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Article: The role of mobile-computing self-efficacy in consumer information disclosure

TitleThe role of mobile-computing self-efficacy in consumer information disclosure
Authors
KeywordsLocation-based services
Mobile-computing self-efficacy
Perceived risk
Privacy calculus
Mobile apps
Trust
Issue Date2015
Citation
Information Systems Journal, 2015, v. 25, n. 6, p. 637-667 How to Cite?
Abstract© 2015 John Wiley & Sons, Ltd.Smartphones are increasingly penetrating business and consumer markets, and mobile applications (apps) have engendered a large and innovative market. Whereas apps are useful, they also present new forms of privacy risk associated with users' personal and location data. However, these dangers do not appear to increase the perceived risk or reduce the trust consumers demonstrate when using apps. Many information technology (IT) trust indicators are well documented such as the quality of the IT, trust assurances, brand recognition and social influences. However, these traditional indicators appear to have a lesser impact on the adoption of mobile commerce via apps because of the nature of mobile-app adoption and subsequent information disclosure. As a result, we draw from social cognitive theory and its construct of self-efficacy in particular to explain perceived mobile-app risk and provider trust. Through two controlled experiments, we demonstrate the strong direct effect of mobile-computing self-efficacy on users' initial trust in location-based app vendors as well as their perceived risk of disclosing information - regardless of the actual trustworthiness of the app vendor. The results imply that being skilled in the latest smartphones and apps can cause users to place greater trust in app providers and perceive less risk in the app itself, even when the intentions of the app providers cannot be verified.
Persistent Identifierhttp://hdl.handle.net/10722/233859
ISSN
2015 Impact Factor: 2.522
2015 SCImago Journal Rankings: 1.575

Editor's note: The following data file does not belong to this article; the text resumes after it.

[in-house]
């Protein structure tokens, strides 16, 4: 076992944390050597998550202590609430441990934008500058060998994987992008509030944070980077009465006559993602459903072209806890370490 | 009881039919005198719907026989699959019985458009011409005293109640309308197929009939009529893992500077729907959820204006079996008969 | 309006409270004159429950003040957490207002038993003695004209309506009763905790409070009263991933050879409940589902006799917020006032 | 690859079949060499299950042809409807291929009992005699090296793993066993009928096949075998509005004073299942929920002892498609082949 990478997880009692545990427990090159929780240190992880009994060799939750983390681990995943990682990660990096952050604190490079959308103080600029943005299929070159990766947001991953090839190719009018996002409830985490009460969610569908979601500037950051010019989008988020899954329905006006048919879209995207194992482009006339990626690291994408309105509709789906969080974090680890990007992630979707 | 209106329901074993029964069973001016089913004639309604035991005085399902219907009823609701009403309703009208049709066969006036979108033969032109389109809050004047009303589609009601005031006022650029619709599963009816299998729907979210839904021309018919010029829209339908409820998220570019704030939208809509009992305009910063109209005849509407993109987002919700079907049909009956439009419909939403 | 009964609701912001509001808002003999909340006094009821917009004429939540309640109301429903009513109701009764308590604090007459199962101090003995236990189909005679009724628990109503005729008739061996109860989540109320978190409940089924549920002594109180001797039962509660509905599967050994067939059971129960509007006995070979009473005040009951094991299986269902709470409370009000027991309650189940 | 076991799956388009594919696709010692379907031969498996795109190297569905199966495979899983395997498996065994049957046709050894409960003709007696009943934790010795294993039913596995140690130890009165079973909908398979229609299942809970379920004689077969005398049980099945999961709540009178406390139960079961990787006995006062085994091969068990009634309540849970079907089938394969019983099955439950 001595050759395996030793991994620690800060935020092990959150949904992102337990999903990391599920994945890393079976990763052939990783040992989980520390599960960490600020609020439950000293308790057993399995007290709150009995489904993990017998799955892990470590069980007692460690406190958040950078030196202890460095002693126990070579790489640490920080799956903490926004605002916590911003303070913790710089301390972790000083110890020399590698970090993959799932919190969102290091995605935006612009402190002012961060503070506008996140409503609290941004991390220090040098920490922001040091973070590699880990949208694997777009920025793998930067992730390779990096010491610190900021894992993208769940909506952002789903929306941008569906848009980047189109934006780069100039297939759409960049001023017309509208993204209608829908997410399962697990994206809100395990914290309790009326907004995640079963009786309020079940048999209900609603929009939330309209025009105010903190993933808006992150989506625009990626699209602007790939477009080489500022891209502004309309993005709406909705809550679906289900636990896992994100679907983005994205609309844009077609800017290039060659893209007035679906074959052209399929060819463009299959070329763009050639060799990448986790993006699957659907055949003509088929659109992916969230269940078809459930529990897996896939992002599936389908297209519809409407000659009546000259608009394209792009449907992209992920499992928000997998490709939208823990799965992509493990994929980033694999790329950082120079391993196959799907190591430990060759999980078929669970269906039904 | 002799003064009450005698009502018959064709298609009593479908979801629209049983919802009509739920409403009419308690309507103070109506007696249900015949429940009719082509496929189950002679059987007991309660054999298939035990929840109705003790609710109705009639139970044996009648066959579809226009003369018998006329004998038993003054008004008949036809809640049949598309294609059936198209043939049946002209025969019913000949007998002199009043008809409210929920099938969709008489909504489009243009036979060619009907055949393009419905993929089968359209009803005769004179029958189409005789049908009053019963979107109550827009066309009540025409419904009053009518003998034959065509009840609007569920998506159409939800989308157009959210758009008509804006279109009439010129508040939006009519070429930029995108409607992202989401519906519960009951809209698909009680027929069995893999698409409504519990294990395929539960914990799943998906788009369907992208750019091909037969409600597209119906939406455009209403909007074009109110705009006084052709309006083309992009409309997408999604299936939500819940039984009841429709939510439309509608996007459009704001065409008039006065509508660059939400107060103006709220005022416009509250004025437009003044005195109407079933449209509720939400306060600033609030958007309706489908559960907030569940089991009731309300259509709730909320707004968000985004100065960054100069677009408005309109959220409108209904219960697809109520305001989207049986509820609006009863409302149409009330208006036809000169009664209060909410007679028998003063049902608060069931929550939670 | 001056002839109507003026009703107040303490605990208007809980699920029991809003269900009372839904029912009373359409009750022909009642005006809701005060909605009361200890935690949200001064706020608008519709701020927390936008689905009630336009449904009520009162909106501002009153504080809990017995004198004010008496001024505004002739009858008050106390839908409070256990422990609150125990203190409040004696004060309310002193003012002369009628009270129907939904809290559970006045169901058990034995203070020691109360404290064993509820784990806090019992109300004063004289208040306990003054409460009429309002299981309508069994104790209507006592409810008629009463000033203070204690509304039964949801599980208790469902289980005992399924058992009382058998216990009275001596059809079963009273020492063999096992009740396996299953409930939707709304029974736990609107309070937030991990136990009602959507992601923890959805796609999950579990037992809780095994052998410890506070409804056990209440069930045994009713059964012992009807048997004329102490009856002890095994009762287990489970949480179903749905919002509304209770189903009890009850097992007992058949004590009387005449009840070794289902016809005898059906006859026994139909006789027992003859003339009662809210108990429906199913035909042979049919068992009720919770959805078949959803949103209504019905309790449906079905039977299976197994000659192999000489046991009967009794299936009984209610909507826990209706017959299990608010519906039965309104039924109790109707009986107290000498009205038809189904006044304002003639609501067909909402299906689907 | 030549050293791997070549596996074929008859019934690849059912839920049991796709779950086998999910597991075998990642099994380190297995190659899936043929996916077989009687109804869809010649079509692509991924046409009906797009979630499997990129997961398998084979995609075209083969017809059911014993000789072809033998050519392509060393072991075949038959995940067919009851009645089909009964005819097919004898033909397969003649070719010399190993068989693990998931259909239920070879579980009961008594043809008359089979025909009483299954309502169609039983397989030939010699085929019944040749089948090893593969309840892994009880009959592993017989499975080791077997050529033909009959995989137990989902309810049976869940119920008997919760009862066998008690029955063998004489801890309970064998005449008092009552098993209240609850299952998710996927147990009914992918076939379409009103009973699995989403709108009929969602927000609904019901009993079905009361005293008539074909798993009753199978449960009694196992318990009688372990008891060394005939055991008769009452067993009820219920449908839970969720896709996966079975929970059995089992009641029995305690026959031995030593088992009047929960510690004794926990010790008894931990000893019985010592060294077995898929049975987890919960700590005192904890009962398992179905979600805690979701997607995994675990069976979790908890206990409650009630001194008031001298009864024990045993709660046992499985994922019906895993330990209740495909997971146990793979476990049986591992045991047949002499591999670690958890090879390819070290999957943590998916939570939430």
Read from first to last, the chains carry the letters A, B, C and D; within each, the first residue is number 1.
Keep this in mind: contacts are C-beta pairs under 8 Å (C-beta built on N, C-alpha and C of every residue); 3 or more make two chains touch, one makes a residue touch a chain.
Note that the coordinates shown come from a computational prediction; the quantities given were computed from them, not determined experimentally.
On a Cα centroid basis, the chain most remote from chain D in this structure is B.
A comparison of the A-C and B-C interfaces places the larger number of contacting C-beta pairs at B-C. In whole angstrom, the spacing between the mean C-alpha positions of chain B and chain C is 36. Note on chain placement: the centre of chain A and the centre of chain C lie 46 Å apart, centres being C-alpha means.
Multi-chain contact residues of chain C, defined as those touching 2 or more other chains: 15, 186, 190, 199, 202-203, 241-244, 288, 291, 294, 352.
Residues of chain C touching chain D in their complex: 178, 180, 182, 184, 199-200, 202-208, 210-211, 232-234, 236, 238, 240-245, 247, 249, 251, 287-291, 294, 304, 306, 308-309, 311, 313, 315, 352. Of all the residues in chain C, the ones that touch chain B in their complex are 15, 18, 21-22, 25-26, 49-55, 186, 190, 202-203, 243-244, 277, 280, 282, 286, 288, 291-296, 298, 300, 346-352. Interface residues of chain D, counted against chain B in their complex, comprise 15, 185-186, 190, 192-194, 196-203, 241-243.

DC FieldValueLanguage
dc.contributor.authorKeith, Mark J.-
dc.contributor.authorBabb, Jeffry S.-
dc.contributor.authorLowry, Paul Benjamin-
dc.contributor.authorFurner, Christopher P.-
dc.contributor.authorAbdullat, Amjad-
dc.date.accessioned2016-09-27T07:21:49Z-
dc.date.available2016-09-27T07:21:49Z-
dc.date.issued2015-
dc.identifier.citationInformation Systems Journal, 2015, v. 25, n. 6, p. 637-667-
dc.identifier.issn1350-1917-
dc.identifier.urihttp://hdl.handle.net/10722/233859-
dc.description.abstract© 2015 John Wiley & Sons, Ltd.Smartphones are increasingly penetrating business and consumer markets, and mobile applications (apps) have engendered a large and innovative market. Whereas apps are useful, they also present new forms of privacy risk associated with users' personal and location data. However, these dangers do not appear to increase the perceived risk or reduce the trust consumers demonstrate when using apps. Many information technology (IT) trust indicators are well documented such as the quality of the IT, trust assurances, brand recognition and social influences. However, these traditional indicators appear to have a lesser impact on the adoption of mobile commerce via apps because of the nature of mobile-app adoption and subsequent information disclosure. As a result, we draw from social cognitive theory and its construct of self-efficacy in particular to explain perceived mobile-app risk and provider trust. Through two controlled experiments, we demonstrate the strong direct effect of mobile-computing self-efficacy on users' initial trust in location-based app vendors as well as their perceived risk of disclosing information - regardless of the actual trustworthiness of the app vendor. The results imply that being skilled in the latest smartphones and apps can cause users to place greater trust in app providers and perceive less risk in the app itself, even when the intentions of the app providers cannot be verified.-
dc.languageeng-
dc.relation.ispartofInformation Systems Journal-
dc.subjectLocation-based services-
dc.subjectMobile-computing self-efficacy-
dc.subjectPerceived risk-
dc.subjectPrivacy calculus-
dc.subjectMobile apps-
dc.subjectTrust-
dc.titleThe role of mobile-computing self-efficacy in consumer information disclosure-
dc.typeArticle-
dc.description.natureLink_to_subscribed_fulltext-
dc.identifier.doi10.1111/isj.12082-
dc.identifier.scopuseid_2-s2.0-84943580872-
dc.identifier.volume25-
dc.identifier.issue6-
dc.identifier.spage637-
dc.identifier.epage667-
dc.identifier.eissn1365-2575-

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